“Before adopting Christianity, the ancient Assyrians worshipped a number of gods, including my namesake (Esther, as well as being the name of a Jewish heroine, is derived from Ishtar/Ashtoreth/Astarte, the Assyrian and Babylonian goddess of fertility, war and the morning star). The Assyrians built temples to the goddess Ashtoreth at Nineveh (next to what is now the city of Mosul) and at Arbel (now the city of Irbil/Erbil) in present day Iraq.”
The Assyrian International News Agency (http://www.aina.org/) stated that the Assyrians became Christian in the first century AD, and the monasteries, churches and cathedrals they built from then onwards are part of the cultural heritage of Iraq and Syria, along with their pre-Christian temples and carvings.
“The Assyrian church bells have rung to celebrate Christmas… even when there has been little else to celebrate. Their recent history, as a minority ethnic and religious group in their homelands, has been one of persecution,” AINA said a story.
From around 2003, there were increasing attacks by Islamic groups on Assyrian Christians, then in 2014 Islamic State started a brutal rampage across the Nineveh plain in Northern Iraq. The unarmed Assyrians were forced to flee from the cities of Qaraqosh and Mosul and the surrounding villages where Assyrians had lived for centuries.
Those who had not managed to escape risked torture, abductions, attempted forced conversion and death (including by beheading or crucifixion). Other minority groups in Northern Iraq were also targeted by Islamic State.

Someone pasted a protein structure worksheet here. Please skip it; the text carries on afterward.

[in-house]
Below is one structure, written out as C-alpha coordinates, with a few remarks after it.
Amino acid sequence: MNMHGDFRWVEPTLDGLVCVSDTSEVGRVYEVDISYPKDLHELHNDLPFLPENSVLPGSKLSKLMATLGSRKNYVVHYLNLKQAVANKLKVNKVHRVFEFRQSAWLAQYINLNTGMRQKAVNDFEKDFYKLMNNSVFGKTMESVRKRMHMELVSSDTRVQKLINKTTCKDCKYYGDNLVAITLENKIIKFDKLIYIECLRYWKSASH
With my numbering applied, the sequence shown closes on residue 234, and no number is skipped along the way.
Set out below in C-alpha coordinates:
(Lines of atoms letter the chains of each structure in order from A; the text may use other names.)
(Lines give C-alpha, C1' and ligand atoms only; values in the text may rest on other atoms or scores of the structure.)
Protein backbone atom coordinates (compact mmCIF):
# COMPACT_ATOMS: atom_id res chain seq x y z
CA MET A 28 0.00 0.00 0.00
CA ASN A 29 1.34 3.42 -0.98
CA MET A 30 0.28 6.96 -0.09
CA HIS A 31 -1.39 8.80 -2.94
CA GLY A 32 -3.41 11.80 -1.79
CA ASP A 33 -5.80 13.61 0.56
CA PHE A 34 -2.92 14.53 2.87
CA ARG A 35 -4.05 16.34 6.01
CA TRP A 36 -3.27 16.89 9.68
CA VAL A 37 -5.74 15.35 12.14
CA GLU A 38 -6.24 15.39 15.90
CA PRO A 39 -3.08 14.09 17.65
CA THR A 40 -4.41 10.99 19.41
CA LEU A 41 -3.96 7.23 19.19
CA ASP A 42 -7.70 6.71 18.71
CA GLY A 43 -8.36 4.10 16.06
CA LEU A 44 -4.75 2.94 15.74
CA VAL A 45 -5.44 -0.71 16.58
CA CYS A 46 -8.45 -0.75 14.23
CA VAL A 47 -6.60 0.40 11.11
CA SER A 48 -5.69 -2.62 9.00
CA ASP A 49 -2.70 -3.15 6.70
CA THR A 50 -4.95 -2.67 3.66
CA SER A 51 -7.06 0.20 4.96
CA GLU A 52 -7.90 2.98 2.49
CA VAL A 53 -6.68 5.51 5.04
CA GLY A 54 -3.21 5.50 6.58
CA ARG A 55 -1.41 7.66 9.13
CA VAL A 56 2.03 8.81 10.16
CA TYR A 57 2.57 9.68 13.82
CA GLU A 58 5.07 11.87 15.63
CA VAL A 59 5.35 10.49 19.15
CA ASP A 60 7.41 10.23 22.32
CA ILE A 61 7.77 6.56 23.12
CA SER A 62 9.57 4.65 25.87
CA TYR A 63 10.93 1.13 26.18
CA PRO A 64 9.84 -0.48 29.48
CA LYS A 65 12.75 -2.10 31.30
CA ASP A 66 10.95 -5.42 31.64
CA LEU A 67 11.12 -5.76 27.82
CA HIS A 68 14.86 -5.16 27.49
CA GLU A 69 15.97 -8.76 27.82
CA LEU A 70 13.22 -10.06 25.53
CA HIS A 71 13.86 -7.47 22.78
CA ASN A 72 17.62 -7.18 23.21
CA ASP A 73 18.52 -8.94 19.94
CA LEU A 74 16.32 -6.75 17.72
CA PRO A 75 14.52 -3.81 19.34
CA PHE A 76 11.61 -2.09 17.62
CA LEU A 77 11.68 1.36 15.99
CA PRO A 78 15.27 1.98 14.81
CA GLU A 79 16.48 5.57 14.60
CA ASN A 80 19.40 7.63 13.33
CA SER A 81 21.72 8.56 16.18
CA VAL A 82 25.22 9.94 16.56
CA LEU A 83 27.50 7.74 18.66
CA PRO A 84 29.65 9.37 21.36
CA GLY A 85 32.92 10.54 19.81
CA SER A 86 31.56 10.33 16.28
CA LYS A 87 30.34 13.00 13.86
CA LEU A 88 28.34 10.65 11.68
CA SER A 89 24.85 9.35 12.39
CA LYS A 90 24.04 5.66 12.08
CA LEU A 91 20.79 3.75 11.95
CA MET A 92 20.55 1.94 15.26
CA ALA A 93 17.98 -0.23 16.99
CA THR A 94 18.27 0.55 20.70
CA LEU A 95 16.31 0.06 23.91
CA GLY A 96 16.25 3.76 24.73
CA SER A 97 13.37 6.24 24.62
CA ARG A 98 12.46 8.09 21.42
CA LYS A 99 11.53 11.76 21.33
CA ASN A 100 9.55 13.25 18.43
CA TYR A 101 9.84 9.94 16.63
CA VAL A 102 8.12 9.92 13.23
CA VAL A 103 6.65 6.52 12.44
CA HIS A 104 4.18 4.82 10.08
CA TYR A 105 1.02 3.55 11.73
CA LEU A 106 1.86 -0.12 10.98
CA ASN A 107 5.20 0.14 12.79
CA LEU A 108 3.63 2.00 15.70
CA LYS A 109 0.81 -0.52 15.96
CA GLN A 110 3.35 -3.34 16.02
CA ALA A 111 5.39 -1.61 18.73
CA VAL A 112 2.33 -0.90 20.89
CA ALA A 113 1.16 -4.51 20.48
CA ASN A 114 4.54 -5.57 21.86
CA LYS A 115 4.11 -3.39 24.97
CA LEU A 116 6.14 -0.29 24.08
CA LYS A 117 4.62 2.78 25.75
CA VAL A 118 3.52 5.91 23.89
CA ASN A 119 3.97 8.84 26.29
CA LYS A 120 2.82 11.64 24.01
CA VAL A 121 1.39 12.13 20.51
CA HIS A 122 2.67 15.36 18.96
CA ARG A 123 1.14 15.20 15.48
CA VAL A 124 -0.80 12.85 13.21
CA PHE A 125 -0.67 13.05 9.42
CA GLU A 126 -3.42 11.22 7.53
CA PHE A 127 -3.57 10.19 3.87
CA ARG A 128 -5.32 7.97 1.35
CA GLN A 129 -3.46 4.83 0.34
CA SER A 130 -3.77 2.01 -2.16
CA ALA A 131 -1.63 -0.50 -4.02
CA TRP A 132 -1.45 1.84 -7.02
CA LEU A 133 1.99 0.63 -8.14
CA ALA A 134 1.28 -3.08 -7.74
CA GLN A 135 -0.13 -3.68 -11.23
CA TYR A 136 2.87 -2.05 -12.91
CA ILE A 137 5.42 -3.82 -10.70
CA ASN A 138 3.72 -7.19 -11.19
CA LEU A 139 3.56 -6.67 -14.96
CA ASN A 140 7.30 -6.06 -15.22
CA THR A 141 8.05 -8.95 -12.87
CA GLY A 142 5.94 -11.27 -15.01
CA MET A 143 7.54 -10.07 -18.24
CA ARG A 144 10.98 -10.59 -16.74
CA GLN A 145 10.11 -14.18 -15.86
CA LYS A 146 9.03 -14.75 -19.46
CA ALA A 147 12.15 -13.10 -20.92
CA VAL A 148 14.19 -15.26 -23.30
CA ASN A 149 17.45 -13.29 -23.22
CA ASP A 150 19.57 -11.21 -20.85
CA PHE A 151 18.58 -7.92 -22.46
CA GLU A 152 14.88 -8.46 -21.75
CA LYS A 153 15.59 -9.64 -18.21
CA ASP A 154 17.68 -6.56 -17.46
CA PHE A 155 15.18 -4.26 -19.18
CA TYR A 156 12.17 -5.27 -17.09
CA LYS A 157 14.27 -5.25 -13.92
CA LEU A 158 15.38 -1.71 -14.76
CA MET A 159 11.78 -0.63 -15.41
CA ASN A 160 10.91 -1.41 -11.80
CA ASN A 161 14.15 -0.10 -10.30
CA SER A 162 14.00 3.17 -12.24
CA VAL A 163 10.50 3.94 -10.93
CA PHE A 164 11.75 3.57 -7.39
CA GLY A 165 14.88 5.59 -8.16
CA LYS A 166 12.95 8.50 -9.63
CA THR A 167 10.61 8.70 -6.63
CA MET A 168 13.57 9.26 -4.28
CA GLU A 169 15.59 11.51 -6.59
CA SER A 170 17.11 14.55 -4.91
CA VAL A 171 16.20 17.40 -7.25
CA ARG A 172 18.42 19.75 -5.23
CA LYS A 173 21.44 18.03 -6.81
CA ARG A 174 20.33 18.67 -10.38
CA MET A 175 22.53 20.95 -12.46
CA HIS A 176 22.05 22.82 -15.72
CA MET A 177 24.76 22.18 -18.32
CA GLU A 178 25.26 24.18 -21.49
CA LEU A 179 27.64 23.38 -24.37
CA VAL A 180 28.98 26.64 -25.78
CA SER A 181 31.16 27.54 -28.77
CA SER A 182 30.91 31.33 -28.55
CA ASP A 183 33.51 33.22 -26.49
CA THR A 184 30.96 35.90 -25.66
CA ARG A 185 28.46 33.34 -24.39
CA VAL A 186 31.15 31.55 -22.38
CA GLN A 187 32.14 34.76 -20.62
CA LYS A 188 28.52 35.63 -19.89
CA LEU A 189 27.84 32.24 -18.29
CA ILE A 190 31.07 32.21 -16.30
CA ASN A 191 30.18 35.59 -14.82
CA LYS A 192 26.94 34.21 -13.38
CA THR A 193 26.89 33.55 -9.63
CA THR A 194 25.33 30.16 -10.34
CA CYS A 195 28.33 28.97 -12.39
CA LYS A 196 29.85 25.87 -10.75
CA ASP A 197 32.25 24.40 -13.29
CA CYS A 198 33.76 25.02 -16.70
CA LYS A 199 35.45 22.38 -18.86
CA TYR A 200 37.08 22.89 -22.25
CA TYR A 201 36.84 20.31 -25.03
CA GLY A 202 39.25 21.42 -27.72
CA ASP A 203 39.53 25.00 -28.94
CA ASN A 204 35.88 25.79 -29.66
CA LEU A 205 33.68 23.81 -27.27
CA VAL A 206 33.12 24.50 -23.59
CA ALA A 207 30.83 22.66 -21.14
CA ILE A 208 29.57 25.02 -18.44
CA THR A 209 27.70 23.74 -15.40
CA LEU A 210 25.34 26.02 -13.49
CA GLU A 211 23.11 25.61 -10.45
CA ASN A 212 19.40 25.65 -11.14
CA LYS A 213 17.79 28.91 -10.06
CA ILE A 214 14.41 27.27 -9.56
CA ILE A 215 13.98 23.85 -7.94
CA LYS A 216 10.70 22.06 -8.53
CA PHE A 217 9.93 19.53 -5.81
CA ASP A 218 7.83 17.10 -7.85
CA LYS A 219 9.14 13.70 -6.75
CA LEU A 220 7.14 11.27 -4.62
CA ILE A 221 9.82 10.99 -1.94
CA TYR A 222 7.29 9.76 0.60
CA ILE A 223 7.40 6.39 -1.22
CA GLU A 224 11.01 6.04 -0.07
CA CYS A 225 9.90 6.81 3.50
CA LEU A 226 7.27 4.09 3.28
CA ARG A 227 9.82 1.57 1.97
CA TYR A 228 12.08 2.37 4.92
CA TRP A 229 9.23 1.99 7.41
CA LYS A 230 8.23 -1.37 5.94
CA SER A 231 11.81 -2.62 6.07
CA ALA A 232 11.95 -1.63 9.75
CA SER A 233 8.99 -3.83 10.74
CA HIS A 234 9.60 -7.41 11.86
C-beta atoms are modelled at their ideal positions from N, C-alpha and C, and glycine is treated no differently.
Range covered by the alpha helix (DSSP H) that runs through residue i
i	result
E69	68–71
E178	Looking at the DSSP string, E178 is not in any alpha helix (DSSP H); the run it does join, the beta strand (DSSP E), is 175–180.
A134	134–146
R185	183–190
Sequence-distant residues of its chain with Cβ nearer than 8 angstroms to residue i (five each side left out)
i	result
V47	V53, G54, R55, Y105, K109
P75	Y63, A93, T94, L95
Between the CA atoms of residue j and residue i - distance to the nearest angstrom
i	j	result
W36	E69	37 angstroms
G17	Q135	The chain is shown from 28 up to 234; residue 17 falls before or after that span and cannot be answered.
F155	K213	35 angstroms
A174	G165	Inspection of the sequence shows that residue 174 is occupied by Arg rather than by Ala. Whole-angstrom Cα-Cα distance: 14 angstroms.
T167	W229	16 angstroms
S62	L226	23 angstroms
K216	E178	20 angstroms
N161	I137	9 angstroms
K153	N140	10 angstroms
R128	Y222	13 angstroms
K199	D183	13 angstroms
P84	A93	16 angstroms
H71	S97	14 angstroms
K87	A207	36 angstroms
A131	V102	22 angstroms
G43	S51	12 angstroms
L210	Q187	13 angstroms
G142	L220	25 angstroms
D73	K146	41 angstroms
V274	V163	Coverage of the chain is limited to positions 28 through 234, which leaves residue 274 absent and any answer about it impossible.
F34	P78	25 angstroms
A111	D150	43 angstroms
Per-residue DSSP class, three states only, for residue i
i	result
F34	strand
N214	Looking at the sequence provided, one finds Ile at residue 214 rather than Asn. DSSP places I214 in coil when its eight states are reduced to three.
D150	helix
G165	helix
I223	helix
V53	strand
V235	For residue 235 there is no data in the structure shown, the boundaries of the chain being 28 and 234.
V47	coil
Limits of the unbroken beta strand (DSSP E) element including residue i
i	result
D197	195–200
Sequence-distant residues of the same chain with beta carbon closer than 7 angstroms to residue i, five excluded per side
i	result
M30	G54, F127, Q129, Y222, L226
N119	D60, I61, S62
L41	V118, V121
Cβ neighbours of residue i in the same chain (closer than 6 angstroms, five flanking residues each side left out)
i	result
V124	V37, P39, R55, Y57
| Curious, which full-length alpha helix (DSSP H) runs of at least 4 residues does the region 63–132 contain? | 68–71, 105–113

AINA stated that the United Nations and the international community have a responsibility to protect groups subjected to attempted genocide.
Over the past decade, Assyrians have joined waves of Christians who have fled Syria and Iraq because of war and persecution by extremist Muslims. But the latest attacks have added to concerns that this unique Mesopotamian people are in danger of disappearing from the region
During last few Christmases, many Assyrians have spent a lonely existence in displaced persons camps in Iraq, or refugee camps in surrounding countries. However, with the gradual expulsion of Islamic State from Assyrian villages around the city of Mosul, Assyrians have been returning to their devastated homes in the Nineveh Plain and finally have been able to celebrate with the rest of the world’s community of Christians, the birth of Jesus Christ in Bethlehem.
And now the bells have finally rung out in celebration that the Assyrians are coming back to their homelands.
Note: We at ANS pledge to continue to bring you vital updates on this situation, and also of the many other Christians who have endured a lonely Christmas, particularly in the refugee camps of the Middle East, or in the prisons of Iran and Pakistan.
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Photo captions: 1) Assyrian Christians light candles for Christmas. 2) Assyrian Christians, who fled unrest in Syria, carry a cross outside St. Georges Cathedral in Jdeideh, in Beirut. (Anwar Amro/AFP/Getty Images) 3) Assyrian children light a candle for Christmas. 4) Syrian soldiers pose by Islamic State insignia after liberating a church. 5) ANS founder, Dan Wooding, reporting from outside the Kurdistan Parliament in Erbil, Northern Iraq.
About the writer: Dan Wooding, 76, is an award-winning journalist who was born in Nigeria of British missionary parents, and is now living in Southern California with his wife Norma, to whom he has been married for more than 53 years. They have two sons, Andrew and Peter, and six grandchildren who all live in the UK. Dan is the founder of the ASSIST News Service (ANS) and he hosts a weekly radio show and two TV shows, all based in in Southern California. Dan also is the author of some 45 books and has reported for ANS from Northern Iraq, and met with many Assyrian Christians while there.